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  aroid fruit
From: piaba piabinha at yahoo.com> on 2003.07.24 at 18:56:37(10435)
> As I mentioned in a previous post to Petra, to me
> there is no surprise that a native American
> fruit-eating bird would take advantage of the
> availability and eat some attractivly colored and
> tasty fruit!

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From: "Peter C Boyce" levieux.jardin at wanadoo.fr> on 2003.07.24 at 23:55:28(10436)
Hi Tsuh Yang

Many aroid fruits/seeds are edible and some are even used as semi-regular
food:

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From: MossyTrail at cs.com on 2003.07.25 at 17:48:04(10438)
"Peter C Boyce" wrote:

>On the last point, very frequently the ripe fruits are 'protected' by
>various irritant crystals and/or chemicals and in Europe red and
>orange-berried Arum and Dracunculus are both irritant and poisonous with
>there being several deaths recorded resulting from children ingesting Arum
>maculatum and A. italicum berries. So, remember that attractive colour,
>smell & taste doesn't always man that the fruit are safe to ingest - I'd
>recommend that you proceed carefully!
>
Do those Arum spp. have attractive tate, or only smell and colour? Small children (how small were they?) are known to ingest things experimentally, rather than because they taste good.

On a similar note, birds' digestion is very different from ours, and it may be that certain fruits are designed to attract birds, while at the same time protect against mammals. The "hot" flavor of chile peppers is an example of this -- birds can eat chiles without the irritation experienced by mammals, because their mouths are drier. Small fruits like berries are more likely to be bird-dispered, while larger fruits like apples and oranges are more likely to be mammal-dispersed.

Jason Hernandez

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From: "Peter C Boyce" levieux.jardin at wanadoo.fr> on 2003.07.25 at 23:27:04(10441)
Arum fruits have a sweet, slightly astringent flavour that sonn gives way to
intense burning of the soft parts of the mouth and the throat.

I don't have precise details of the gaes of the children reported to have
died after ingensting Arum fruits, although for those I have such data ages
ranged from 3 to 9 years.

Pete

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From: "Julius Boos" ju-bo at msn.com> on 2003.07.27 at 07:50:09(10442)
Dear Friends,

To the list of 'edible' aroid fruits, add Taccarum, Synandrospadix and Dracontium soconuscum (all S. American, all sweet and pleasant tasting, though not much 'size/volume' to them), and of all things Dieffenbachia sp., as Dr. Croat has reported that the fruits of this, perhaps THE most 'dangerous' aroid (I have a fatality recorded), are also sweet and pleasant tasting!
We sampled the ripe fruit on Philodendron soli. in Fr. Guyana, they too were very sweet-tasting and pleasant.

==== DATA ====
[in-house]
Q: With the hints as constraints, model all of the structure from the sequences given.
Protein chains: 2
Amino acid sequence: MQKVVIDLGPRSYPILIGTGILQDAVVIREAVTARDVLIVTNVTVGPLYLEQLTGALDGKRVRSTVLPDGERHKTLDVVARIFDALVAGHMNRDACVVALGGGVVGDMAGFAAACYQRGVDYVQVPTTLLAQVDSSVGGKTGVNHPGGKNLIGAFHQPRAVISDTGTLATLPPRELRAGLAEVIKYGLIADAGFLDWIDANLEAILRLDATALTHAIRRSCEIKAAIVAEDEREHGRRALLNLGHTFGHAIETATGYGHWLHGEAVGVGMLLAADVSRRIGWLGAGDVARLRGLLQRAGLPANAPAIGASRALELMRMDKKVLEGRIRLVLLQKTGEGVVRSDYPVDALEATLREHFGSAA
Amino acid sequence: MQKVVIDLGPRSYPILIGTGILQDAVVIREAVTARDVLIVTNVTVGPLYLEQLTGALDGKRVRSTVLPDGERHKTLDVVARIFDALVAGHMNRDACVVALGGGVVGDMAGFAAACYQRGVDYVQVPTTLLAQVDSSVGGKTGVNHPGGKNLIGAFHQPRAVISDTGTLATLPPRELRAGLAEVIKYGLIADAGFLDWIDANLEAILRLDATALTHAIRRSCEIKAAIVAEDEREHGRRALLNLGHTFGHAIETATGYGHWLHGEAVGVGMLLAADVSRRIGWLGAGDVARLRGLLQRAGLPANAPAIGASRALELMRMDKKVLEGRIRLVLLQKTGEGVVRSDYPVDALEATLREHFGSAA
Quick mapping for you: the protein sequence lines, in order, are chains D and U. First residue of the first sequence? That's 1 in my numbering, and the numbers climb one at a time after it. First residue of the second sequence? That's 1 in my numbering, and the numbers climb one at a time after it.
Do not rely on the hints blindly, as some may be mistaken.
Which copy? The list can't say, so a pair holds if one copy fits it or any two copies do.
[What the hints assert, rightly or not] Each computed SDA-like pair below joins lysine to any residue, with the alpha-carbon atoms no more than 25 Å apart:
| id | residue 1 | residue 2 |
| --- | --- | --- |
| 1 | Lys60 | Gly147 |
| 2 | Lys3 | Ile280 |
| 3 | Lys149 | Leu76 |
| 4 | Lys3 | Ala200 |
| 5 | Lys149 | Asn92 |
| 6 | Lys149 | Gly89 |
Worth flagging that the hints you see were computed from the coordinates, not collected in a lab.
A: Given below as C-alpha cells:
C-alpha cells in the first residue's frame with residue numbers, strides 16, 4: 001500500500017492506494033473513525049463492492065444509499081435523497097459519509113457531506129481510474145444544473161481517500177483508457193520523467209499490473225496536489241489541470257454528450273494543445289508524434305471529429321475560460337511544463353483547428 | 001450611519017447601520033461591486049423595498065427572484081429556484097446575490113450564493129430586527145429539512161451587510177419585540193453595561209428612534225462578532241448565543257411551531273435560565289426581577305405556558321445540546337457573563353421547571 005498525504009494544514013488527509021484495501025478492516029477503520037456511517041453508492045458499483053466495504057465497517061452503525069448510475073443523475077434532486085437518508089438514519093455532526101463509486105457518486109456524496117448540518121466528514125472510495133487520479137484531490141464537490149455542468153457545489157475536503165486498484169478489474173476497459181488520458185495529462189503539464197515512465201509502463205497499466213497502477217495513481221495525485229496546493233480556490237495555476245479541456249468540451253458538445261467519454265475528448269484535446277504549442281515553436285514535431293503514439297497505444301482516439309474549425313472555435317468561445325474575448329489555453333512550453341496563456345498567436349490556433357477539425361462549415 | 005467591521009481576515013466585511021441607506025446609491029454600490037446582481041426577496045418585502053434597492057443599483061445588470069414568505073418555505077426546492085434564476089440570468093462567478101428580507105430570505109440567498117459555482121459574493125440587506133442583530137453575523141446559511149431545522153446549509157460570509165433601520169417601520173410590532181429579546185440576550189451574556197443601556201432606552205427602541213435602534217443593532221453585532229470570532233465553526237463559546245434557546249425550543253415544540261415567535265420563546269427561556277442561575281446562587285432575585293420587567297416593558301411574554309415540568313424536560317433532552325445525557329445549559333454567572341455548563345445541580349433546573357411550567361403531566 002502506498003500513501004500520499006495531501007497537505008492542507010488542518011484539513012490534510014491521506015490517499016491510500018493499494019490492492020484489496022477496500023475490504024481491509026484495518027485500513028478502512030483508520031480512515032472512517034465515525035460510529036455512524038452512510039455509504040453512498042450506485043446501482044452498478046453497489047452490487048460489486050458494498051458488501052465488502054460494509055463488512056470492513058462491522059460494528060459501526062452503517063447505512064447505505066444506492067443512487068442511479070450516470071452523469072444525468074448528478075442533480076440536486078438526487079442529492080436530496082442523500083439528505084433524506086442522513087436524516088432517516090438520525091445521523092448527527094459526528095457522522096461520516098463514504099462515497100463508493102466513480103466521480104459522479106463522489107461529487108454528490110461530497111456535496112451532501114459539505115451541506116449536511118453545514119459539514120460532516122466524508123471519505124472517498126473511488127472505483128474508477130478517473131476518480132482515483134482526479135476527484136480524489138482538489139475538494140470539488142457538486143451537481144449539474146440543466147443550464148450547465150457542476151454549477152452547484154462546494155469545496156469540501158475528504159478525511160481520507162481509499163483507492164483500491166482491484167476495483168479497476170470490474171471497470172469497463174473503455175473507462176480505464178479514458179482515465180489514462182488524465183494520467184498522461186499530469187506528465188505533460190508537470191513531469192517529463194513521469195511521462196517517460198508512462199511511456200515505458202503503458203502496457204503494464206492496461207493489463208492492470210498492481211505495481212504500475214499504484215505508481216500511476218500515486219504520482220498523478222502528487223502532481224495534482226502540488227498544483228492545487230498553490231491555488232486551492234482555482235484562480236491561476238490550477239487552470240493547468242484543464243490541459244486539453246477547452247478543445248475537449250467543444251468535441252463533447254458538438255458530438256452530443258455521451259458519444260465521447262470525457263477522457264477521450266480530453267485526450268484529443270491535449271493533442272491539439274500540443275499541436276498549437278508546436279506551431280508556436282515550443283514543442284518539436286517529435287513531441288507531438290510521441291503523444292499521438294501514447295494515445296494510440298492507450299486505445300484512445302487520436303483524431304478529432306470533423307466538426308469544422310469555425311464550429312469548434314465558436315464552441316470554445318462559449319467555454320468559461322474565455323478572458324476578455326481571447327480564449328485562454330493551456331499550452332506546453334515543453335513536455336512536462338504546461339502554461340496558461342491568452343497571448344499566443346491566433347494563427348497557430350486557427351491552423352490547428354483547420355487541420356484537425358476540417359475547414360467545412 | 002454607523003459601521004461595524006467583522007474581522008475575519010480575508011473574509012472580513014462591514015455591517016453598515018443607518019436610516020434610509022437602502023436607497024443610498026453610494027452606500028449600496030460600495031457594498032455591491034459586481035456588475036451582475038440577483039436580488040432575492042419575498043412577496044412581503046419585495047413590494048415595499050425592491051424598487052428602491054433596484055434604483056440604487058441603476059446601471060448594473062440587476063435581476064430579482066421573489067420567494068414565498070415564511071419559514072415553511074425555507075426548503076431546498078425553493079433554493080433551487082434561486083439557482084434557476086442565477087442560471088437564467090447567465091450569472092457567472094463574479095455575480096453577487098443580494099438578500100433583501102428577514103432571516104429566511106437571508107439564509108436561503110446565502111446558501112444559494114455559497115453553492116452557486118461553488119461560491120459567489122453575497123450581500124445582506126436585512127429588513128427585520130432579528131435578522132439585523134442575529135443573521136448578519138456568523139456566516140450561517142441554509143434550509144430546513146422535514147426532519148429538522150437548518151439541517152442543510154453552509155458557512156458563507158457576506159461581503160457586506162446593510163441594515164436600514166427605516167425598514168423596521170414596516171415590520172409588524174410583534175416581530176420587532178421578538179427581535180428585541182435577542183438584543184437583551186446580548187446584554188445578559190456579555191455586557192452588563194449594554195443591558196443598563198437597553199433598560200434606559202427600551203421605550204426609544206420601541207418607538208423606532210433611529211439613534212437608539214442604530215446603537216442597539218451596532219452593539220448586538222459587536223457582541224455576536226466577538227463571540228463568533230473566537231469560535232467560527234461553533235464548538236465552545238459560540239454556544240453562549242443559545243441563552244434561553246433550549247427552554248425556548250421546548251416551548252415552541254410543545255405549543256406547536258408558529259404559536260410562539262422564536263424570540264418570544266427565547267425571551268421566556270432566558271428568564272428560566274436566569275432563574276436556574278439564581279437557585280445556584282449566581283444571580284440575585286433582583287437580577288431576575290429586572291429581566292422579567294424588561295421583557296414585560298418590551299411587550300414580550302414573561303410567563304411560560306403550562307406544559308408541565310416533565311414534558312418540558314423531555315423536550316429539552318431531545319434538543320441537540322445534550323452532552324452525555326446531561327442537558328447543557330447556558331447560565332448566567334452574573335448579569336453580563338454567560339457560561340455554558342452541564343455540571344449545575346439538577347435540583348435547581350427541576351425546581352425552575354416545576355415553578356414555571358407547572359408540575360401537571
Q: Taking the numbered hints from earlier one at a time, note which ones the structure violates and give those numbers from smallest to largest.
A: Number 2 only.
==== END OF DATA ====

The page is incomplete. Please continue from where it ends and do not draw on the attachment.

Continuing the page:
I do NOT recommend that ANYONE experiment of tasting aroid fruit! NOT a safe hobby!!!! Recently I was demonstrating the wonderful taste of my ripe Monstera fruit in my front yard to my Guatemalan friend, he must have bitten a TINY bit of the covering caps, and he was in pain!
I don`t know if Peter mentioned it, but the fruit/seeds of the S. American giant aquatic aroid Montrichardia are reportedly roasted and eaten by natives per Deni Bown in her WONDERFUL book on Aroids.
Jason, an interesting note on a birds ability to consume hot chile peppers, as a boy our parrot LOVED to eat the hottest peppers, our scotch bonnets, but afterward would demonstrate one of the commoner symptoms of the eating of these hot fruit, which as boys we often demonstrated after eating slices of green mangos dipped in chile-laden salt, he/she would 'pant', holding his beak/mouth open, tongue thrust outward and 'kicking', for a long period after eating. I believe that the 'heat' of these fruit affected him! The smaller 'bird peppers' were eagerly consumed off the bush by palm tanagers and the giant crested fly-catchers, but were swallowed whole due to their smaller size.

Good Growing,

Julius Boos

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From: "Peter C Boyce" levieux.jardin at wanadoo.fr> on 2003.07.27 at 11:23:10(10443)
Hi Julius

Thanks for reminding me about Montrichardia seeds. I'd forgotten that Deni's
fantastic book mentions them among many other edible aroids - if folks want
to know about edibility in 'our' family, then PLEASE check out both editions
Deni's book, they're a treasure trove - I ate them (Montrichardia seed, not
Deni's books) while in a small village upstream from Manaus and can report
that they are good, with a rich buttery texture similar to fresh Brazil nut
(not months old packaged ones in supermarkets) or Macadamia (ditto).

Let me also echo Julius' caveat about not trying aroid fruits (or any others
for that matter) unless you ABSOLUTELY know they're safe.

Pete

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From: "Dany Hervelle" bs246466 at skynet.be> on 2003.07.27 at 21:32:03(10444)
I have heard that many of anthurium fruits are edible.What about it?Is for
instance the fruits of a scandens and bakerii edible?
Regards to all
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